By Donya Parrish, MCU VP- Risk Management
An all too common conversation on the compliance hotline starts with, “our account cards say… but the family brought in a will.” That is the point that I generally interrupt by saying, “you don’t care!” Now that might seem harsh, but it is an important distinction.
The credit union enters into a contract with members at account opening when the account card is signed. It lays out expectations for the credit union and the member as well as the terms of the account. The terms might include joint owners and/or payable on death beneficiaries. Those roles are key in estate planning because they are non-probate transfers when an owner dies.
Funds first pass to any surviving joint owners and later pass to any PODs if no other owners remain. It is a process used to ensure funds pass as the account owner intended, and also one that can be adjusted easily with an updated account card at any time. You can learn more about non-probate transfers in this MSU MontGuide.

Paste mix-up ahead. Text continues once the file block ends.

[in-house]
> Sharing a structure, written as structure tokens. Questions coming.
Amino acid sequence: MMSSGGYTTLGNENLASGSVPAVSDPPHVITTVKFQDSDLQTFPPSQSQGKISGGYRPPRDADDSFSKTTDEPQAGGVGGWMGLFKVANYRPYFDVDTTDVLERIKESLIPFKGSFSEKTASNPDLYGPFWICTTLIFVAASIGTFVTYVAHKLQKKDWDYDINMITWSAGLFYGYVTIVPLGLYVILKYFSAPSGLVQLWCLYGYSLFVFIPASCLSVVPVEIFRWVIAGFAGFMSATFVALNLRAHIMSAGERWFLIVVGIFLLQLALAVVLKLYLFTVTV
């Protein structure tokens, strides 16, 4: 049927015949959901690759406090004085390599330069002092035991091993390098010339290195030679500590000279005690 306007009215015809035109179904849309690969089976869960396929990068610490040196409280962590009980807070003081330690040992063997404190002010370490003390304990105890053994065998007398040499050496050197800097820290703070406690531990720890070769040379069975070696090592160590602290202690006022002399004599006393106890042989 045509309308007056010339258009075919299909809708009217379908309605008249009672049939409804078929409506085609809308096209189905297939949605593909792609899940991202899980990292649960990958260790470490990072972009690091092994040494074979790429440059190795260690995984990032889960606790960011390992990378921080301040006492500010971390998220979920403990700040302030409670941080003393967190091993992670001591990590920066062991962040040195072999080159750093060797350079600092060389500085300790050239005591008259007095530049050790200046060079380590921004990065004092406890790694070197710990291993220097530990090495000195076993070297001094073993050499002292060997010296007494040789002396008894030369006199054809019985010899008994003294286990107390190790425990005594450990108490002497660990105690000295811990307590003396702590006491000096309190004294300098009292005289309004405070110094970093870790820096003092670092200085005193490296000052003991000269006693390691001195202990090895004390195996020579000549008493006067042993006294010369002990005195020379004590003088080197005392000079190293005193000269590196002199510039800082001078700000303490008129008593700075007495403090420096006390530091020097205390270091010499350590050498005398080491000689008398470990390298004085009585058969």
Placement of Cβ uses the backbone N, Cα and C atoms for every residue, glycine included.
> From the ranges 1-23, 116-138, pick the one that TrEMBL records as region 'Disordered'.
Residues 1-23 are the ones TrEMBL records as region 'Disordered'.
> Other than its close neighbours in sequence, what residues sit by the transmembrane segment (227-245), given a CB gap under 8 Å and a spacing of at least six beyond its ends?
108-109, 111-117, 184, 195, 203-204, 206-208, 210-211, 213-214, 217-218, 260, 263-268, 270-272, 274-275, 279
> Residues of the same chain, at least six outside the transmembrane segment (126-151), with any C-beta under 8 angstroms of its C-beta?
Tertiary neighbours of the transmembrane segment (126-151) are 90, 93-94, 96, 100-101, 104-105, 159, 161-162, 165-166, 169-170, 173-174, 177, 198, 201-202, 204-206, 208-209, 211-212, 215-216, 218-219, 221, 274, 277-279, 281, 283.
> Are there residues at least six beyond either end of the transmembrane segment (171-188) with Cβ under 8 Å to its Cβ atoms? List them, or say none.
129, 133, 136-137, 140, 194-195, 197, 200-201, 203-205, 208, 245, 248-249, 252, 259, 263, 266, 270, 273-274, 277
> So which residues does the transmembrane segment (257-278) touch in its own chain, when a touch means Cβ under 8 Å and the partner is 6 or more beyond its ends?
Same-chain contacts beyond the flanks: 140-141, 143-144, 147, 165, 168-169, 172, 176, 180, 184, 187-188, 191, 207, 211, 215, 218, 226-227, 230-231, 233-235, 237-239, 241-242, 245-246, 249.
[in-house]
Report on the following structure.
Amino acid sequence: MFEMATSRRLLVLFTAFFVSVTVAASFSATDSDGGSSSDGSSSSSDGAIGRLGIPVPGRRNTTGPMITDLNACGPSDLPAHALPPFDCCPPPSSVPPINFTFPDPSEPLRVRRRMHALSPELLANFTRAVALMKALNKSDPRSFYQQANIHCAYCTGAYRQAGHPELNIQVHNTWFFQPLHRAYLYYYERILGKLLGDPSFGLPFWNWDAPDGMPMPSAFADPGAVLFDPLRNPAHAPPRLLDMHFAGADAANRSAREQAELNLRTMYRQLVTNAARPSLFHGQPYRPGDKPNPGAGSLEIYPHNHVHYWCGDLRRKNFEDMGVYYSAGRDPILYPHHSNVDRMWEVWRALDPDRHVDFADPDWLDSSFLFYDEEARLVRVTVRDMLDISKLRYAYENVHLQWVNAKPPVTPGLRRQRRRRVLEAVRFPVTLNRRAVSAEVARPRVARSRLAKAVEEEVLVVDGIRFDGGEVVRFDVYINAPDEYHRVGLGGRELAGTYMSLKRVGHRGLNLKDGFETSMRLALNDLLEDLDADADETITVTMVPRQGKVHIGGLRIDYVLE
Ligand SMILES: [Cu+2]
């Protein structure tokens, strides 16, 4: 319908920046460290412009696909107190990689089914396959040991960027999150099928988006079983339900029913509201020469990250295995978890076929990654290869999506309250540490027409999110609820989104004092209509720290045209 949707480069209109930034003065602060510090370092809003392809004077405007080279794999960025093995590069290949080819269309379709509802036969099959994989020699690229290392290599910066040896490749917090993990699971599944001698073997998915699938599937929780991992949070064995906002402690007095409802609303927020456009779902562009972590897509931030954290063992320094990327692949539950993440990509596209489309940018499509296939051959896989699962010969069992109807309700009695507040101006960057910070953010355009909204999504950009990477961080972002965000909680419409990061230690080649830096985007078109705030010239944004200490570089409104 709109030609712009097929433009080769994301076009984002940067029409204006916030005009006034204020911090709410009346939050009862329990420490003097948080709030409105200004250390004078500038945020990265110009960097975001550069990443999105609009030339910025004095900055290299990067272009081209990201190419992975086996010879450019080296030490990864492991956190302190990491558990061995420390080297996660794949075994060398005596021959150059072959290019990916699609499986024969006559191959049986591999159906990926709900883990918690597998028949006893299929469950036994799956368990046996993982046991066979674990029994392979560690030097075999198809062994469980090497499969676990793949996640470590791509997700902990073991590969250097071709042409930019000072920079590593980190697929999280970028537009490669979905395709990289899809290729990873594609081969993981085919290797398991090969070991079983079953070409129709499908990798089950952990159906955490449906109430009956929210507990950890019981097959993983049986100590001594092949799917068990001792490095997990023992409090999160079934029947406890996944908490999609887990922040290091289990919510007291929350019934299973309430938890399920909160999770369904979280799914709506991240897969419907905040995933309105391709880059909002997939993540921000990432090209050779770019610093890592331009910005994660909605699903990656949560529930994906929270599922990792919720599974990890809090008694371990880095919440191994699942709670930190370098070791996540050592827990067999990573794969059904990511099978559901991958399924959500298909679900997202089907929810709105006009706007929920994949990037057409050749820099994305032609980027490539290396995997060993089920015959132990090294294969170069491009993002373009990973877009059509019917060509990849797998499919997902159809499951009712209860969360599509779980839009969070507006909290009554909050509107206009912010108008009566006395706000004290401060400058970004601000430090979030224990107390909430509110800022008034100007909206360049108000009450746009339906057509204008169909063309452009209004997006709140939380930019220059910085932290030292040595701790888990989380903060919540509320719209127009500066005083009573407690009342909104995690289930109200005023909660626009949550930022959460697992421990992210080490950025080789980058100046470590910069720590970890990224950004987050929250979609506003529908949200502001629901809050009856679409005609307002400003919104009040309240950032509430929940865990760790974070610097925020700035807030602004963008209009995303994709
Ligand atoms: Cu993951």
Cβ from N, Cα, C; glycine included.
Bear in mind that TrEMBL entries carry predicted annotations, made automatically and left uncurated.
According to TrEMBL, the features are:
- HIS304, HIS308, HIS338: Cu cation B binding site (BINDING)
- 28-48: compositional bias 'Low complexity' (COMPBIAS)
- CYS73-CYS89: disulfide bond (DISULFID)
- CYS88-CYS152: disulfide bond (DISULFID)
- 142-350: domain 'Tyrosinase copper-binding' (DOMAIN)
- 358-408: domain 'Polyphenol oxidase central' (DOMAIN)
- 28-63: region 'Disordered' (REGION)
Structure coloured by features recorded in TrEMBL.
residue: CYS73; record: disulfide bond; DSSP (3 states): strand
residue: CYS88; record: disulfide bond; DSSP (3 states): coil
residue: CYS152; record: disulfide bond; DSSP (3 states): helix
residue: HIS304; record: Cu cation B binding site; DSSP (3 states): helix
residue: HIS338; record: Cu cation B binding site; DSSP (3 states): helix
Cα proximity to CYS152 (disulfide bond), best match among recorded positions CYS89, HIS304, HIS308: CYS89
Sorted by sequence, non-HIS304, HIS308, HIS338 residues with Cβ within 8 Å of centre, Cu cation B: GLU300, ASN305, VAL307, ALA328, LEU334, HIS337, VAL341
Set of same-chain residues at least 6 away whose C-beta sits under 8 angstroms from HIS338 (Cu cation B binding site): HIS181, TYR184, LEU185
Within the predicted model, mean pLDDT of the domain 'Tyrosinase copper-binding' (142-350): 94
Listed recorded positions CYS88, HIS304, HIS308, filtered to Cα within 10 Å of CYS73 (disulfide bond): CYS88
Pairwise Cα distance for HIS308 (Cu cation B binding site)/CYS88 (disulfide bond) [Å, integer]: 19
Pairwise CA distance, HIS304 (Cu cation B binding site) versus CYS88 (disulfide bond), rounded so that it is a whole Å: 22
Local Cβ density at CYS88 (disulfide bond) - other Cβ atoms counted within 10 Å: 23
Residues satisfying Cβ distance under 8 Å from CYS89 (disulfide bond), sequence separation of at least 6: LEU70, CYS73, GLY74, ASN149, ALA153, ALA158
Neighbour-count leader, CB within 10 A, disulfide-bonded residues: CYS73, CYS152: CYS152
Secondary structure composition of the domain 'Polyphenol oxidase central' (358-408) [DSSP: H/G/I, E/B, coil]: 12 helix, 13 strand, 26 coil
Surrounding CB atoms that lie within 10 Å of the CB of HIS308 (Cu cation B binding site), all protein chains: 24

Now back to the will that was produced. You have no idea if it is the only copy or if it is valid, and frankly, you don’t care. Even if there are no surviving owners or PODs on an account, you need district court documentation to show the estate has been opened and who has authority (generally a personal representative) to transact for the estate. The credit union is lacking the details to decide who “should” receive or manage the funds and is best served to require district court documents before having any conversations about distributing funds.
You can learn more about Death of a Member situations in our webinar series on the Compliance Training Tools page. Unfortunately, it is a topic all credit unions have to deal with eventually.